The potential problem with the new regime -- constitutionally speaking -- is not with the guidelines but with the body that wrote them. Rather than tinker with the intricacies of the overhaul, Congress delegated the task to the newly created Sentencing Commission, required that three federal judges sit on the seven-member body, and characterized the panel as part of the judicial branch.
Critics, such as Alan B. Morrison of Public Citizen Litigation Group, point to a number of constitutional pitfalls with that approach.
First, they assert that the commission is unconstitutional because Congress delegated too much of its authority to make law to the unelected body. Second, they argue, even if Congress could delegate its power, it could not assign it to a body that is part of the judicial branch. Finally, they say, the provision giving the president power to remove members of the commission, including judges, further violates the doctrine of separation of powers.
Both the Department of Justice and the Sentencing Commission have come to the defense of the guidelines, but they are taking different approaches.
The Justice Department agrees with Morrison that the placement of the commission in the judicial branch -- with its "subservience to the president, its nonjudicial membership, and its functions outside the context of cases or controversies" -- would violate the separation of powers.
But, the department contends in a brief filed in the San Diego cases, Congress "simply mislabeled the commission" in terminating it as an entity within the judicial branch."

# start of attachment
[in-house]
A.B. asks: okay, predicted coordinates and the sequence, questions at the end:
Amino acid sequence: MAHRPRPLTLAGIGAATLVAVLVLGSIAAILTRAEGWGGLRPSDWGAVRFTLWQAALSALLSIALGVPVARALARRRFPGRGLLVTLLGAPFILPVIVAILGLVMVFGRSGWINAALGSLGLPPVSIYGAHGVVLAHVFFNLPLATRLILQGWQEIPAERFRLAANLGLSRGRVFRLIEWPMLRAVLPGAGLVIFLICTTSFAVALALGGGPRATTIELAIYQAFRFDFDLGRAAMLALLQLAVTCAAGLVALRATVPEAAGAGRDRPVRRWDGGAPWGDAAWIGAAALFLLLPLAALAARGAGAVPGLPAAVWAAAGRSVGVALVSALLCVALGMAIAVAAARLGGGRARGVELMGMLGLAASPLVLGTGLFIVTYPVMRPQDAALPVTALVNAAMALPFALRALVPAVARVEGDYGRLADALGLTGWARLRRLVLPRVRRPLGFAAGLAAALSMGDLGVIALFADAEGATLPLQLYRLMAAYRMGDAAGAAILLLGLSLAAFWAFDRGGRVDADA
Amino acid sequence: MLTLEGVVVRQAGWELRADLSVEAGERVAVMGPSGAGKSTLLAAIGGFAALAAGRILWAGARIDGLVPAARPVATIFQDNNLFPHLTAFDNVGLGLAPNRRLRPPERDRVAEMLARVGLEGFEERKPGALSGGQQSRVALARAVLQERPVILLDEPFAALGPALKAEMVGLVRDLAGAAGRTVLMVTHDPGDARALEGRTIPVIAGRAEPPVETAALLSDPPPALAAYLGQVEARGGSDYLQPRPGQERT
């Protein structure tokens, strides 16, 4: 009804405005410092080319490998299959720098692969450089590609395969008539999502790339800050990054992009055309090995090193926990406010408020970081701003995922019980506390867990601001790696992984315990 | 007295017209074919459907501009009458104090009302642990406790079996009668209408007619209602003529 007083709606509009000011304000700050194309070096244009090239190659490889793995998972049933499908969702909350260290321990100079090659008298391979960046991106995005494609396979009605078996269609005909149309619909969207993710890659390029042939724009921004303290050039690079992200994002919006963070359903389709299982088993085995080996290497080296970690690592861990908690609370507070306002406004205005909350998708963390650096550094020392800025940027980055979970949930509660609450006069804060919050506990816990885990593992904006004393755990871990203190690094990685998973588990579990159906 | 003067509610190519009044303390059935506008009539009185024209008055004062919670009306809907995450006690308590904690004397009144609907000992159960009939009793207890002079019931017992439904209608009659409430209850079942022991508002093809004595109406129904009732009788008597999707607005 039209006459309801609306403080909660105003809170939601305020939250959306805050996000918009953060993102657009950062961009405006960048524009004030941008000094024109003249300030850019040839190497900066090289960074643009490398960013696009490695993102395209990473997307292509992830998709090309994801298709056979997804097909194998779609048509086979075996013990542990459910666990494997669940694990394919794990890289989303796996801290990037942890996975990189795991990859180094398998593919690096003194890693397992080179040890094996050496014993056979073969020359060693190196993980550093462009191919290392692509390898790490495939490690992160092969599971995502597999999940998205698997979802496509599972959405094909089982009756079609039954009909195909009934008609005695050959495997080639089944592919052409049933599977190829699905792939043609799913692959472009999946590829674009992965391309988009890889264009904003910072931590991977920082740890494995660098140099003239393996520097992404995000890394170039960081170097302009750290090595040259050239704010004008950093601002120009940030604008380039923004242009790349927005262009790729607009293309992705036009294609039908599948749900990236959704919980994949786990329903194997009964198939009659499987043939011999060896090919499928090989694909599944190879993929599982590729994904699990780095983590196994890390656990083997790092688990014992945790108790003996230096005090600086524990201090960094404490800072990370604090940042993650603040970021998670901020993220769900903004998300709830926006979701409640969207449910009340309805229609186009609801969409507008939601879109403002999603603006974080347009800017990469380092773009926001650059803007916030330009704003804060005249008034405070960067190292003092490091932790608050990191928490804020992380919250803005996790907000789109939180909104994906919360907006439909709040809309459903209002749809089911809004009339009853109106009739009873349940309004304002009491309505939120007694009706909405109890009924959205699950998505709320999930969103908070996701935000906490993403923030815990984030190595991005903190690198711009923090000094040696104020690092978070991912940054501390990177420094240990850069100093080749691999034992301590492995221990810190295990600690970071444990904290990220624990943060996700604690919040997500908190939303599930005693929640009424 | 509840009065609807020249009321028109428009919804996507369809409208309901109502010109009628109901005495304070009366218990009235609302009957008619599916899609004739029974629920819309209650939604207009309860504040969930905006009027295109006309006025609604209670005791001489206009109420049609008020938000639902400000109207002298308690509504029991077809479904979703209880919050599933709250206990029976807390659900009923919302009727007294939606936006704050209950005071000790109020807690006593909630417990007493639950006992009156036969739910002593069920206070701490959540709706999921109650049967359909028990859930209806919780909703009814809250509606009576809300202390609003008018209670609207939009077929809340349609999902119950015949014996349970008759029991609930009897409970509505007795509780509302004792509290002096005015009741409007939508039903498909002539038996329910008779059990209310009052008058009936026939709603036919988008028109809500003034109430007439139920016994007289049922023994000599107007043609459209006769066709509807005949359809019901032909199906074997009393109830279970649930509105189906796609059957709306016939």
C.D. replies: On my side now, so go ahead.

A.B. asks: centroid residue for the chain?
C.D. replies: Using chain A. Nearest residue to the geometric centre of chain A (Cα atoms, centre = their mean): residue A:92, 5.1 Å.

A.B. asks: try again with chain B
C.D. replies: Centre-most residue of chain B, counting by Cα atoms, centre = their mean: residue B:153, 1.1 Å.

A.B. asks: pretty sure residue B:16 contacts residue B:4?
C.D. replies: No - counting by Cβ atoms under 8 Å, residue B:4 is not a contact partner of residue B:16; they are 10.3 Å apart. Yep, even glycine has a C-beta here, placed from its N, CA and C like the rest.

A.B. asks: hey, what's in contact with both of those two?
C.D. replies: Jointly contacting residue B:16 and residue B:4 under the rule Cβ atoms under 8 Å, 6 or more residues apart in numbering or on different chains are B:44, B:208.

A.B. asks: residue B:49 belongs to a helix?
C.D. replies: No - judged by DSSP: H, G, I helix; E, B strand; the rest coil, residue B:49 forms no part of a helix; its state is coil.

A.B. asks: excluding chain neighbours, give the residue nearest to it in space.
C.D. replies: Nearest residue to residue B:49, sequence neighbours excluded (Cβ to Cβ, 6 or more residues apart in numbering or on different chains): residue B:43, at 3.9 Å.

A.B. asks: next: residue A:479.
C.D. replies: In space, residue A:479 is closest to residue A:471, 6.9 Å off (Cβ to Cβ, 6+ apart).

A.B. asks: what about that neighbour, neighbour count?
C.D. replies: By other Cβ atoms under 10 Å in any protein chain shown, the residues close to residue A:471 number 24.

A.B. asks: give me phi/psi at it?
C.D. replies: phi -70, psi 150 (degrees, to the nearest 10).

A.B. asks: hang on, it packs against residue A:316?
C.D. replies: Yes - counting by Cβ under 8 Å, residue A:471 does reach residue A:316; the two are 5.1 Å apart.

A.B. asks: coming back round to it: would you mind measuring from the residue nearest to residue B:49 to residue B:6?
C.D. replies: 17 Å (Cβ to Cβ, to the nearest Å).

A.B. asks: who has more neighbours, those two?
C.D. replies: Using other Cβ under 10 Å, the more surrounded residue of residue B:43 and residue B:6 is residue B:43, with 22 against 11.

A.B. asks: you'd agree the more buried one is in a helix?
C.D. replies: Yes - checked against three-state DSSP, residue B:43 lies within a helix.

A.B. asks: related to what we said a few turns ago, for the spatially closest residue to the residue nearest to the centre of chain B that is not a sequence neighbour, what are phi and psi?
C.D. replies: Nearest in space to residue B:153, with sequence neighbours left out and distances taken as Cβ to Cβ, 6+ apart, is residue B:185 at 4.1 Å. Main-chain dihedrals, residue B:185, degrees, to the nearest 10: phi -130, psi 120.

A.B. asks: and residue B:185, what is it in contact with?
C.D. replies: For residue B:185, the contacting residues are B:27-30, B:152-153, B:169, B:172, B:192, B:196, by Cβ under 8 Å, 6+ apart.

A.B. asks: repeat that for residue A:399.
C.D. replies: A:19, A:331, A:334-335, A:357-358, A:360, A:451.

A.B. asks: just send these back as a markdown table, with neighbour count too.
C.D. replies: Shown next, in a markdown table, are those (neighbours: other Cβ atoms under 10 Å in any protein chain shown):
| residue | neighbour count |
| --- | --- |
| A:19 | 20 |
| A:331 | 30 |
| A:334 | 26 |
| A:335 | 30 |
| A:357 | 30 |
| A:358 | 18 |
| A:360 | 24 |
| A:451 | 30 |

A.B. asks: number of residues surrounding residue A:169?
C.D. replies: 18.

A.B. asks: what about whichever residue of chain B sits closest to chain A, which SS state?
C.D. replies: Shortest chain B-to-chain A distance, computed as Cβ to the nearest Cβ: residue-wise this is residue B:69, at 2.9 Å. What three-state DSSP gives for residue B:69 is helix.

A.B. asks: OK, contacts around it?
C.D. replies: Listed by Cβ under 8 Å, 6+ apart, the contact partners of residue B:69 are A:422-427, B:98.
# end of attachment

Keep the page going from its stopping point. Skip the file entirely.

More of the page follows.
Once the Sentencing Commission is relabeled as part of the executive branch, the department adds, it poses no constitutional problem, because Congress has "power to create the executive authority to flesh out the sentencing function."
For its part, the Sentencing Commission insists that Congress meant what it said when it described the panel as part of the judiciary, and that its placement in the judicial branch does not violate the separation of powers.
All sides agree that the issue will ultimately be addressed by the Supreme Court. But with 40,000 federal defendants sentenced annually, the longer the question remains open, the more defendants who ultimately may have to be resentenced under the new or old regimes, depending on which way the high court goes.
If the court ultimately strikes down the guidelines, Congress could cure the problem by enacting them into law, but that route opens a potential Pandora's box of side issues, including reinstituting the death penalty for federal crimes.
At a meeting yesterday, the Sentencing Commission voted unanimously to urge the Justice Department to seek an expedited resolution of the constitutional issue.
"I'm sure it is causing problems because of uncertainty," said the commission chairman, Judge William W. Wilkins Jr. of the 4th U.S. Circuit Court of Appeals. "It simply means that cases will be handled initially differently depending on how that particular judge has viewed that legislation."
He said, "This is no different than what we have with any other piece of legislation being tested in the courts . . . . This was inevitable."